Los Angeles, CA - Twenty-three leading directors and producers called into question plans to shorten the current model of theatrical release windows in an open letter (attached) to be published Thursday, April 21 in an industry trade publication. The letter is the first public step in an ongoing effort by theater owners to air the concerns of all movie industry stakeholders in the release window issue.
In light of the imminent launch by some studios of a "premium" video-on-demand (VOD) service that would radically shorten the current average four-month, 12 day window between the opening of a film theatrically and its release to the home market, the filmmakers chose to speak out.
"As a crucial part of a business that last year grossed close to $32 billion in worldwide theatrical ticket sales," the letter states, "we in the creative community feel that now is the time for studios and cable companies to acknowledge that a release pattern for premium video-on-demand that invades the current theatrical window could irrevocably harm the financial model of our film industry."
The letter also details a variety of concerns that the creative community has over announced premium VOD release plans that could negatively alter consumer buying habits, exacerbate film piracy, and severely limit the ability of theater owners to play specialty films in platform release patterns.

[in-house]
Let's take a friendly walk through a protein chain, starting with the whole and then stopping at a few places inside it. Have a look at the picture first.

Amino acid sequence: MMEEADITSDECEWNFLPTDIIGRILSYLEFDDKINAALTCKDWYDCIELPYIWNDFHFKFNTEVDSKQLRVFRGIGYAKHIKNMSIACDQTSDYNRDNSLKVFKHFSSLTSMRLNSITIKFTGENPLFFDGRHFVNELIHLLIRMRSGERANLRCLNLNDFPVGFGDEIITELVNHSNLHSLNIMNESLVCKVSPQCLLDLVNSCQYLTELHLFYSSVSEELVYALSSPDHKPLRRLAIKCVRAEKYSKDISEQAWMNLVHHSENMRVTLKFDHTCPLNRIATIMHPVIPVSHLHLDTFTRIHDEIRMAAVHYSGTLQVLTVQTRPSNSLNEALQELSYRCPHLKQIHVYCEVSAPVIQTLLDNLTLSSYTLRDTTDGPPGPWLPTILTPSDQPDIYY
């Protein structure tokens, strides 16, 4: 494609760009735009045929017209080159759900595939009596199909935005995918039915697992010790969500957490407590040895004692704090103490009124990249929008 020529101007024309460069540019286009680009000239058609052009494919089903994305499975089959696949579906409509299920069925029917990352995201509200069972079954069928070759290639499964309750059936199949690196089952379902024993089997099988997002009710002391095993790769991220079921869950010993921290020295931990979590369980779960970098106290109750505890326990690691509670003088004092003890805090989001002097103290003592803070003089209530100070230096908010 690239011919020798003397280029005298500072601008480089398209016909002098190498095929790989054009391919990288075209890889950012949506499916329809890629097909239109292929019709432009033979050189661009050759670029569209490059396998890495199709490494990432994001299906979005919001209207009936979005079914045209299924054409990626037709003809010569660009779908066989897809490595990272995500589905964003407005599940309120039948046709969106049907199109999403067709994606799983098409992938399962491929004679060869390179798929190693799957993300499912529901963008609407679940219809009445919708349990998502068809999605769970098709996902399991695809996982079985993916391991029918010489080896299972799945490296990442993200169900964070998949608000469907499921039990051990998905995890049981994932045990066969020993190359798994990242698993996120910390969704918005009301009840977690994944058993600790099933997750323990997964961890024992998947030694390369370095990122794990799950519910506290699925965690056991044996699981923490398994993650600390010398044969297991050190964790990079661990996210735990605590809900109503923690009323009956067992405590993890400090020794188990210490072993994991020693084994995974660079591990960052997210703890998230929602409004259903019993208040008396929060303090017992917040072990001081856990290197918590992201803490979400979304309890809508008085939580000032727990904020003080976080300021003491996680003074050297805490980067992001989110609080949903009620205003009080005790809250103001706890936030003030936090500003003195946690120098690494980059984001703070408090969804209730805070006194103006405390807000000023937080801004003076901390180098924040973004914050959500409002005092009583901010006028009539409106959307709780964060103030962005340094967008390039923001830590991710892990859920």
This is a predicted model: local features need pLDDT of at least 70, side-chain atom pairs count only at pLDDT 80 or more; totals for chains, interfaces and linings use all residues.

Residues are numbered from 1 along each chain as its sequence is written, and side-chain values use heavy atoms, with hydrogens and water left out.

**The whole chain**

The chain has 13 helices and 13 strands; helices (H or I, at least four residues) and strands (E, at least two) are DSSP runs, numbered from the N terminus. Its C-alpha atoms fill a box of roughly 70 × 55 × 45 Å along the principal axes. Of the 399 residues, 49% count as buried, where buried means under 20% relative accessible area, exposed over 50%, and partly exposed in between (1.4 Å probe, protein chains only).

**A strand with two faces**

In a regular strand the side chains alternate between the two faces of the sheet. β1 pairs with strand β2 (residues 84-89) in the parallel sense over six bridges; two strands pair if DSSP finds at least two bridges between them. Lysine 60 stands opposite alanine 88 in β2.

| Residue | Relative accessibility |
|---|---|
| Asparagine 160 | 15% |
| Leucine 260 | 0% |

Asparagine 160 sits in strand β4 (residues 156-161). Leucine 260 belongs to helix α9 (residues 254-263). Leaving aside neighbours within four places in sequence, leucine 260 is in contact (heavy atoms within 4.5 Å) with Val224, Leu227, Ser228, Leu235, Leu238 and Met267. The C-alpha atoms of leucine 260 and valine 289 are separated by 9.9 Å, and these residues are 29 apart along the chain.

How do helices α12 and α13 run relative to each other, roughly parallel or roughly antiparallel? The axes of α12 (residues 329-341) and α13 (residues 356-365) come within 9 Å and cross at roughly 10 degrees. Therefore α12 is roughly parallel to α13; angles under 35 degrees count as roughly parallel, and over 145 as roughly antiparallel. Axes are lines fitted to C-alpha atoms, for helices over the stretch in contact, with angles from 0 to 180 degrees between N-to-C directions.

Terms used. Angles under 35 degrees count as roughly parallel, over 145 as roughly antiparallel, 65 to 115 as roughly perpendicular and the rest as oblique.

"You can argue about VOD windows all day long, but what you can't deny is that there is an overwhelming outcry from the theater owners that they feel threatened by this," said director James Cameron (Terminator, Titanic, Avatar). "The cinema experience is the wellspring of our entire business, regardless of what platforms we trickle down to. If the exhibitors are worried, I'm worried. We should be listening to them. Why on earth would you give audiences an incentive to skip the highest and best form of your film? My films aren't going to the home early, but many will, and that will weaken the movie theater industry-and then my movies are threatened."
Director Karyn Kusama (Girlfight, Aeon Flux, Jennifer's Body) said, "As someone who hopes to have the ability to keep making small movies alongside the opportunity to make some bigger ones, I am concerned by how much a shortened VOD window might affect a filmmaker like me. This shortened window might imperil the robustness, and challenge the already shrinking flexibility in programming, of the very venue that makes movie-making, and movie-watching, the work we choose to do."
Producer Jamie Patricof (Half Nelson, Blue Valentine) stated, "The theatrical window is a crucial component in bringing a film to the marketplace, especially for a smaller movie that relies on word of mouth. If moviegoers assume they don't have to go to the theater to catch something that has great word-of-mouth, they most likely will not."
Over the last several months National Association of Theatre Owners (NATO) executives have met with a broad range of film industry professionals on those issues. "The directors and producers we've talked to are passionate filmmakers and very informed business people who care deeply about their art and craft," John Fithian, president and CEO of NATO, said, "Whether they are the makers of blockbusters or independent films, Oscar winners or just starting their careers, all have expressed extreme concern over announced plans to shorten the distribution window, and stated their desire that films can be seen in the venues they were made to be seen in: movie theaters."